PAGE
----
What Is 3D Doing to our Brains?
In essence, 3D technology is an optical illusion. We trick our brains into seeing three dimensions on a two-dimensional plane; we “see” depth on a flat surface. Anyone who’s found the dinosaur in one of those patterned images in the mall (called a stereogram), knows that a bit of a headache develops if you stare long enough.
“Your eyes are having to work harder. The brain is sending extra impulses to keep the eyes in alignment," explains Dr. James Salz, an official spokesperson for the American Academy of Ophthalmology and a 2003 winner of the organization’s Lifetime Achievement Award. “If you’re asking your eyes to fuse in 3D all the time, you will feel the extra strain, the motion sickness.”
Google “3D motion sickness” and you’ll find countless people who have complained of motion sickness (kinetosis), headaches and nausea when watching 3D movies. A recent study at Eindhoven University of Technology in the Netherlands found roughly 17% of subjects experienced symptoms of nausea when exposed to 3D text at a distance three meters away.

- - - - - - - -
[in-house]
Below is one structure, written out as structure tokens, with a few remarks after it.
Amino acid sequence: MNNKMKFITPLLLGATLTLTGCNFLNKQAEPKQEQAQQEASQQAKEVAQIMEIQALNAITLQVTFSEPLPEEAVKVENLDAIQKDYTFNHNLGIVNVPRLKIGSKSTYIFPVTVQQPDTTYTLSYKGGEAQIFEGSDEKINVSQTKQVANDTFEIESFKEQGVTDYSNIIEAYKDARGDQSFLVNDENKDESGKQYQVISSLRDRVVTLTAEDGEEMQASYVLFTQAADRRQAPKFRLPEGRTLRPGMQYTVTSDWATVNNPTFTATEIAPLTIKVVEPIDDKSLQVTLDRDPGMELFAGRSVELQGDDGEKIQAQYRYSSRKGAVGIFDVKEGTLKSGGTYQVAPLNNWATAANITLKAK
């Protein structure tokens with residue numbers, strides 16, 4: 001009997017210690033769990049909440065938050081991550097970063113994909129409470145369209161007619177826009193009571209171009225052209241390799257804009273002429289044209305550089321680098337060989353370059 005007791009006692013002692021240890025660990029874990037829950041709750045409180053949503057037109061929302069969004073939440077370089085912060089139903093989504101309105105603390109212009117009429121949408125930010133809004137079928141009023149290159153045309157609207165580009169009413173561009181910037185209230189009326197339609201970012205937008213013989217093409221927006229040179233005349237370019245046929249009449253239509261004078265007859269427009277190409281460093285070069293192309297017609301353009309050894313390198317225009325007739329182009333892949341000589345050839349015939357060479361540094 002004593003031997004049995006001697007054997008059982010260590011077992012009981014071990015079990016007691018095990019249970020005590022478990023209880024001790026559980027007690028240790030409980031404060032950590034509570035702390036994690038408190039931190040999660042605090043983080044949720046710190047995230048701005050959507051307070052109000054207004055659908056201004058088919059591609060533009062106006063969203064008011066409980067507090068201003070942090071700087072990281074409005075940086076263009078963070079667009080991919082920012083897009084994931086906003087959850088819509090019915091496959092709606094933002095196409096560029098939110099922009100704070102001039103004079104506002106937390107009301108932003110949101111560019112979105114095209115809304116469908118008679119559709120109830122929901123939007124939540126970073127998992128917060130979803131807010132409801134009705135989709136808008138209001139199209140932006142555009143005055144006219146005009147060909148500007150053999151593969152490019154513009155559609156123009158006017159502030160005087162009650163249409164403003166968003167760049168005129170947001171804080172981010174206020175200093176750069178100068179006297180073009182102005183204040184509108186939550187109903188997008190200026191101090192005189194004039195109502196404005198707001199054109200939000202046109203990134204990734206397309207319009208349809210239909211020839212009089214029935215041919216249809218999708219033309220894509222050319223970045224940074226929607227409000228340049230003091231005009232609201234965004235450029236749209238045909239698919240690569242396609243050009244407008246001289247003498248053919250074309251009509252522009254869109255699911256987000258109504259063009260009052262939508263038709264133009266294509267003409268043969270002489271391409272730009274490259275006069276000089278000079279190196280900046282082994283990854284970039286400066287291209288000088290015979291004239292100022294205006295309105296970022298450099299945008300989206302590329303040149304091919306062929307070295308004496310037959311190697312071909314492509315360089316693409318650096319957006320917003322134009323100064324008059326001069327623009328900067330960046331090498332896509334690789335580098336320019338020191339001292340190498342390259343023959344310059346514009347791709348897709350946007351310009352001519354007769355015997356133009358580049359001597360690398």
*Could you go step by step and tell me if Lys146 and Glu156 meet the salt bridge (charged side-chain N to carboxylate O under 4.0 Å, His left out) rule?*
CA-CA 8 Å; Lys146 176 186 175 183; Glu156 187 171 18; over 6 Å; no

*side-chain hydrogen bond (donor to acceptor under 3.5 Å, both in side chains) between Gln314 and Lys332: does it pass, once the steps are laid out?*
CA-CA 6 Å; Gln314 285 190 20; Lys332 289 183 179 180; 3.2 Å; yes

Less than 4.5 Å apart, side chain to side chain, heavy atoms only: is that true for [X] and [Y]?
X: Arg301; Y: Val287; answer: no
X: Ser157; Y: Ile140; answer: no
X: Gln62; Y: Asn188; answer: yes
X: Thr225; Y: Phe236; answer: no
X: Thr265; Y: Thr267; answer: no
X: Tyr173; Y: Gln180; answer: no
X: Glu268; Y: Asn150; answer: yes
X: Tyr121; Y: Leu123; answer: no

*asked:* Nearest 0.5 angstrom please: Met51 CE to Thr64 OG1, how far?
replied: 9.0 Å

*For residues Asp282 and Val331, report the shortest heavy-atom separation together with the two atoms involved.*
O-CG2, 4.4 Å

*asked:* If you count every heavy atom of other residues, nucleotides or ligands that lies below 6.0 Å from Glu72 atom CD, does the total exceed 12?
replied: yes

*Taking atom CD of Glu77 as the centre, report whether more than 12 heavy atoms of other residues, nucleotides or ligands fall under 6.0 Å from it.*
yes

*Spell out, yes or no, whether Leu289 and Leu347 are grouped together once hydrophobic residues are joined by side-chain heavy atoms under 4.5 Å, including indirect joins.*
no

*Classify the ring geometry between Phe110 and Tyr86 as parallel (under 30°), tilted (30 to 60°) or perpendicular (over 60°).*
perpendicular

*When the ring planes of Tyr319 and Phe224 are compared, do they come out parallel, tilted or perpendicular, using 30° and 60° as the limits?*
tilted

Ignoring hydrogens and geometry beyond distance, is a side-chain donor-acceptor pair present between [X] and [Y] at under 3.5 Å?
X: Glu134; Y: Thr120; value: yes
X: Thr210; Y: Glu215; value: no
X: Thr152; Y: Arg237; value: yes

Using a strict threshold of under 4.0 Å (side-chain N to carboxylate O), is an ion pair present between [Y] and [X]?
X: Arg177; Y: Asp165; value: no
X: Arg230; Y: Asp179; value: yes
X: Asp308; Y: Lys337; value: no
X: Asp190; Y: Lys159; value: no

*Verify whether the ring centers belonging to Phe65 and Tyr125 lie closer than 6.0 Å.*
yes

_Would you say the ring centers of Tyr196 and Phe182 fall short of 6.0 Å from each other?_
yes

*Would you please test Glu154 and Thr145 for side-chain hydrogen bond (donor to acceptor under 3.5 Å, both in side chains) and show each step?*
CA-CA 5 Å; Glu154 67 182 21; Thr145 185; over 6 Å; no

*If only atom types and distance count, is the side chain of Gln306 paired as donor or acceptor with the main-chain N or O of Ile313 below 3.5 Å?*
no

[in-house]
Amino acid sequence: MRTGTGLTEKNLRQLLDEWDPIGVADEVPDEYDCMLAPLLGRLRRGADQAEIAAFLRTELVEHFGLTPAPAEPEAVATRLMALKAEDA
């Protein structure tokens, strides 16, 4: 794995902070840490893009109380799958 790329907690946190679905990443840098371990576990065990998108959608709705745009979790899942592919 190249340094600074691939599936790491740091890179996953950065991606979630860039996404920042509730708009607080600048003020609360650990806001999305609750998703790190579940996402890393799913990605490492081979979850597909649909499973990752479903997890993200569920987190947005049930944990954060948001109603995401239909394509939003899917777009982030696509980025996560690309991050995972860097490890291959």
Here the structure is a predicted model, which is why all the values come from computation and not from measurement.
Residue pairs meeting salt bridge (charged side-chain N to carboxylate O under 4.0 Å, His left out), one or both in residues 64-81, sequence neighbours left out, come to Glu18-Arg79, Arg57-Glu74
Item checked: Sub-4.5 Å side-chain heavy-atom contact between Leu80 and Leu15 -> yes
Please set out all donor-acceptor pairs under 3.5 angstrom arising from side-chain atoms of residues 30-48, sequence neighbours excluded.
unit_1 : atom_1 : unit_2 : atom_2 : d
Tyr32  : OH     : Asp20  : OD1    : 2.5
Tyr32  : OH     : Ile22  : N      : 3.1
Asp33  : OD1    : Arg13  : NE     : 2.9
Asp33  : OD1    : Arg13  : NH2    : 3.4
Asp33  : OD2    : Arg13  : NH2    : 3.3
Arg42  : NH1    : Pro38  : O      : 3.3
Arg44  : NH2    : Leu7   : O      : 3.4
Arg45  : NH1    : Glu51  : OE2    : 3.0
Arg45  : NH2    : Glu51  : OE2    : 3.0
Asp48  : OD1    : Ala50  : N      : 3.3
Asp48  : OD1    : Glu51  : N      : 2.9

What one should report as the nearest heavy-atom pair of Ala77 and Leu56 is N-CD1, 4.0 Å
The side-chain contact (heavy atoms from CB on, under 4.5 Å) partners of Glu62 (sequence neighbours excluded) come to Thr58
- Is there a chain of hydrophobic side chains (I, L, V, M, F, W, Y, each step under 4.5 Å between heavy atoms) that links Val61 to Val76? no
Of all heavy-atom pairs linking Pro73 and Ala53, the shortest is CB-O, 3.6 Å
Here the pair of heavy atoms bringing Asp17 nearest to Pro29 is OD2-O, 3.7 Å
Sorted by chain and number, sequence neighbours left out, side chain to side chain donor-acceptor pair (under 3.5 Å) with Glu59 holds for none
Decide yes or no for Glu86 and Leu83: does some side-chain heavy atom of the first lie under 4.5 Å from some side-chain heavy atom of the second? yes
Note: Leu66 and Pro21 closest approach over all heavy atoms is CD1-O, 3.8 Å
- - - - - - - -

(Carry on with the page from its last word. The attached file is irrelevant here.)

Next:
The explanation behind the discomfort is fairly basic: a contradiction is occurring. Our brain is being told the body is moving by the eyes, yet the vestibular (balance) centers in the inner ear and the mechanoreceptors in our joints says it’s sitting still. The confusion leads to the aforementioned side effects, as your brain becomes unsure how to deal with the problem.